British Universities Film & Video Council

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Oscar update: The King’s Speech In Newsreels

At the Oscars this year THE KING’S SPEECH was awarded the prize for best film, best director, best actor and best screenplay. Details of the night’s awards can be accessed here. Director Tom Hooper’s film tells the true story of how Albert, Duke of York (played by Colin Firth) worked with Australian speech therapist Lionel Logue (Geoffrey Rush) to modify his speech impediment. Those who are interested in watching and listening to the King speak, rather than relying on Firth’s impersonation of His Royal Highness, should turn to News on Screen. This enables the user to search the story data for all five British newsreels active during the 1930s and consult additional documentation where available.

Observing the King’s body language in these following four examples, and listening  to him phrase his speeches, informs a judgment as to what degree (or if) the King gained confidence and proficiency in public speaking throughout the 1930s as he moved towards his coronation and prepared to lead the nation at the outbreak of World War II.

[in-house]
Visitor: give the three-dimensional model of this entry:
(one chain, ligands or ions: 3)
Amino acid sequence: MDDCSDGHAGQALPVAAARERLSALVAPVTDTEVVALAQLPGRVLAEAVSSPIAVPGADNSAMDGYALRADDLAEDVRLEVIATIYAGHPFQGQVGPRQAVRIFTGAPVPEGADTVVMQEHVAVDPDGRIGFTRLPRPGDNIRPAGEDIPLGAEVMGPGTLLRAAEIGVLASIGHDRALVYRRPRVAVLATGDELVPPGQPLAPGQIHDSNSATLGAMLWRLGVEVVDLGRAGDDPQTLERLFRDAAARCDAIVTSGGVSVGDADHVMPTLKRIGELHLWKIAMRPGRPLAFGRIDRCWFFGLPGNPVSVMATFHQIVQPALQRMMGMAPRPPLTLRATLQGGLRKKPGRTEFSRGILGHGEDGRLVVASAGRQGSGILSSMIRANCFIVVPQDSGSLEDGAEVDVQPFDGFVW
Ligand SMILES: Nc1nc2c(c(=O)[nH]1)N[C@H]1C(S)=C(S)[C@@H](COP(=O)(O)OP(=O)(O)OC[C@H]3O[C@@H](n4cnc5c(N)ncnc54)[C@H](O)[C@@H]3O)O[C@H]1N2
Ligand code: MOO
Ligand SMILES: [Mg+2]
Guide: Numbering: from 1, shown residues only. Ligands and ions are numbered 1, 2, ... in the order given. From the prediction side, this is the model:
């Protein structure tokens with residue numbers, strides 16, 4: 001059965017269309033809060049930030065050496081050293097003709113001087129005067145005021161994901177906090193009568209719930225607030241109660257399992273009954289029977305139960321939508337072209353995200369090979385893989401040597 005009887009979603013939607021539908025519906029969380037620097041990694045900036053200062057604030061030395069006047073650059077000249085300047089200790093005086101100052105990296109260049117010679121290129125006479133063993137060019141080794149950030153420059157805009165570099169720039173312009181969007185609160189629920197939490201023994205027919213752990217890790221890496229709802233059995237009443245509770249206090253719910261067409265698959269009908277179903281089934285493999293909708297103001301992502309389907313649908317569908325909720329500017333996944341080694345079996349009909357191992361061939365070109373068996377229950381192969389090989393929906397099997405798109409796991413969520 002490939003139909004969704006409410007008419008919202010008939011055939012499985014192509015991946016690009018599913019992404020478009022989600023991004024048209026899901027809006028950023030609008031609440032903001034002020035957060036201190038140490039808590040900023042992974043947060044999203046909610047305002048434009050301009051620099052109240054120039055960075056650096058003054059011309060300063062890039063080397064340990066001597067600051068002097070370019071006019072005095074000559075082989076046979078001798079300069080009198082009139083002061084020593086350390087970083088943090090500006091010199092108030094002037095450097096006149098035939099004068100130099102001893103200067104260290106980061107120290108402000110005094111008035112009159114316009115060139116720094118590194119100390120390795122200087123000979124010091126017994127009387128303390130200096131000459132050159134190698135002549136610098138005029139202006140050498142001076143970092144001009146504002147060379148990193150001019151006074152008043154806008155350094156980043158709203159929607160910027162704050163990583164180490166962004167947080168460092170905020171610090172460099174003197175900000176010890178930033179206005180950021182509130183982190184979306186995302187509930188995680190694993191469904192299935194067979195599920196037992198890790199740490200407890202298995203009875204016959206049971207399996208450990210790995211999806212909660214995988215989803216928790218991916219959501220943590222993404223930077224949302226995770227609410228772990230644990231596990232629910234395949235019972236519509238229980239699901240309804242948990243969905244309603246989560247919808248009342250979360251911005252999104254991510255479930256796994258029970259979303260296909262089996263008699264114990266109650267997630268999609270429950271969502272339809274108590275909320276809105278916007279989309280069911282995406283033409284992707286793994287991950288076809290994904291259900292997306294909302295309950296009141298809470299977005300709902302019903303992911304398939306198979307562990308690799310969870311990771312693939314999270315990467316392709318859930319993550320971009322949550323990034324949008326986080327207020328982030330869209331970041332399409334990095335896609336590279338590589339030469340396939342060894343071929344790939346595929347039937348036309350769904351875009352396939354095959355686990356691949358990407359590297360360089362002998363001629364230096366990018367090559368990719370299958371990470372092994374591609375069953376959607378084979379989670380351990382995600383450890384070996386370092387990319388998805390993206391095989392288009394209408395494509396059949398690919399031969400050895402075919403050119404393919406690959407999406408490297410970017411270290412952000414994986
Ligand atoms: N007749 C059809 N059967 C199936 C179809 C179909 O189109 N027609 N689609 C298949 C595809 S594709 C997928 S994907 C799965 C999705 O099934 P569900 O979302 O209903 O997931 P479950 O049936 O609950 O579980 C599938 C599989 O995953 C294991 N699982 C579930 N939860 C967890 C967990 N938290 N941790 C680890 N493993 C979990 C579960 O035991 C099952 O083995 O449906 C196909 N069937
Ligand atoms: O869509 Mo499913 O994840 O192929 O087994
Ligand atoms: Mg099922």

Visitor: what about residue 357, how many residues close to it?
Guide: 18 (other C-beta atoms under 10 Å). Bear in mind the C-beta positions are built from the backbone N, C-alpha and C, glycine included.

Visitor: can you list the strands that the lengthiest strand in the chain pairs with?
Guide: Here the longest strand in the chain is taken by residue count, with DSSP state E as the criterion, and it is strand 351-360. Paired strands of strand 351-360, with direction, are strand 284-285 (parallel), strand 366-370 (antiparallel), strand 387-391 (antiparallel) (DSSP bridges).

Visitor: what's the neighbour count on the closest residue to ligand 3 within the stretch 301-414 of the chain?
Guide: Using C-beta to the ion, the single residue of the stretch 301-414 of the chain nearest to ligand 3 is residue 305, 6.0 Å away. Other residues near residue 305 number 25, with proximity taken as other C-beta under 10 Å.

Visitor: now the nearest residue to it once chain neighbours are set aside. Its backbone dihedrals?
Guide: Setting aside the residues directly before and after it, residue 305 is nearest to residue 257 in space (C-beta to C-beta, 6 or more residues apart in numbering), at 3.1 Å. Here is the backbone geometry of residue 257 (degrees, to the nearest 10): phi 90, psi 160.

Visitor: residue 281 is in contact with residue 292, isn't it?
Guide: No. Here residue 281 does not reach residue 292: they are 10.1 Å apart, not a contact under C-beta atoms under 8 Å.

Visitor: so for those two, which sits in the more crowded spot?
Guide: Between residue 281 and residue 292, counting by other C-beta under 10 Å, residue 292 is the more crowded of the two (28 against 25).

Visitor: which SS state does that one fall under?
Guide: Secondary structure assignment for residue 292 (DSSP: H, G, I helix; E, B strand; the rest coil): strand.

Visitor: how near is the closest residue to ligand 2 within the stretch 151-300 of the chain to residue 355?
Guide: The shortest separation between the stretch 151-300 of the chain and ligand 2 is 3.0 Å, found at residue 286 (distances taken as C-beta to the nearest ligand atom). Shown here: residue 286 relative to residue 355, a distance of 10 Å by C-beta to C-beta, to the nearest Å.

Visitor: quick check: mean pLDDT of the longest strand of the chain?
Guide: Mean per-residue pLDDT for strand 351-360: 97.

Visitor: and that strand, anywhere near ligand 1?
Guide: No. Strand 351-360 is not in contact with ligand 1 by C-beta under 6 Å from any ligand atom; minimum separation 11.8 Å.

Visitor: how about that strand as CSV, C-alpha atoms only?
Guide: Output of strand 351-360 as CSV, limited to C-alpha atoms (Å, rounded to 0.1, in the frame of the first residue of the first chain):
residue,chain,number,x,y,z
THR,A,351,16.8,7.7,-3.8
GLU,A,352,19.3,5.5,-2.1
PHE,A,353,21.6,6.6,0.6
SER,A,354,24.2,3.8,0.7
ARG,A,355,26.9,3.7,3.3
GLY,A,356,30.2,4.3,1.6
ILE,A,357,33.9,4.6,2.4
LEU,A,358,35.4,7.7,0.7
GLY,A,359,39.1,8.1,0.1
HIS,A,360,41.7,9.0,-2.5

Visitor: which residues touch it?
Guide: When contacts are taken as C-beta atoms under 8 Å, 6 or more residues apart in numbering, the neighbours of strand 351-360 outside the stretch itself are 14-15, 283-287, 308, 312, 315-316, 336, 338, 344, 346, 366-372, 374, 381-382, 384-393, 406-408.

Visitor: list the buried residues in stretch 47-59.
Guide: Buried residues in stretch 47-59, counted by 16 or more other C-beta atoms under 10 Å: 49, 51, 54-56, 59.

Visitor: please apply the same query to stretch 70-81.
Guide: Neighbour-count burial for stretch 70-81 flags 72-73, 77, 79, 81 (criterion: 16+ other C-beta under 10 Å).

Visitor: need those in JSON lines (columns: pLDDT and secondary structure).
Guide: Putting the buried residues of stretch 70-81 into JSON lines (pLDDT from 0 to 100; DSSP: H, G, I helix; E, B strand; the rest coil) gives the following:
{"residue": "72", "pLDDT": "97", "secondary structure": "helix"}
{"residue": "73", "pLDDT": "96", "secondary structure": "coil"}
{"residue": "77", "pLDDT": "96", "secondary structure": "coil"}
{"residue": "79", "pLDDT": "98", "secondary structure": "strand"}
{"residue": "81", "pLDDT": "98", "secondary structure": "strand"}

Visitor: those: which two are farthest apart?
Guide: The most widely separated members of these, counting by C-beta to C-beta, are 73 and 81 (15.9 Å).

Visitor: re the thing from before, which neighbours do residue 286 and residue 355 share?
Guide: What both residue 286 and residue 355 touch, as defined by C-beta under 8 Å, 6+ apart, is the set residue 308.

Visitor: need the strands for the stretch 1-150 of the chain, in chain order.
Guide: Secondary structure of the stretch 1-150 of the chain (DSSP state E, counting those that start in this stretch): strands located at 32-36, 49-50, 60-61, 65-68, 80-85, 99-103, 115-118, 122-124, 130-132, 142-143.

In May 1930 the Duke opened the King’s Playing Fields at Hampton Wick,  described on NoS – his speech can be watched and heard at British Movietone News (registration required but is free).

In July 1932 the Duke dedicated a war memorial at Haileybury College; his remarks are recorded in this British Movietone News story.

The King’s Christmas message to the nation in 1937 was  broadcast on radio and titled by British Pathe in this unissued story as `The Reluctant King’

In October 1938 the King and Queen opened Norwich City Hall. The commentary for this Gaumont British news story can be viewed on NoS.  The King’s address can be watched and heard on Newsfilm Online and  ITN Source.

Viewing the newsreels will also answer the question which is currently preoccupying the film’s bloggers – did Colin Firth get the stammer right?

King George VI and Queen Elizabeth in 1939.

King George VI and Queen Elizabeth in 1939.

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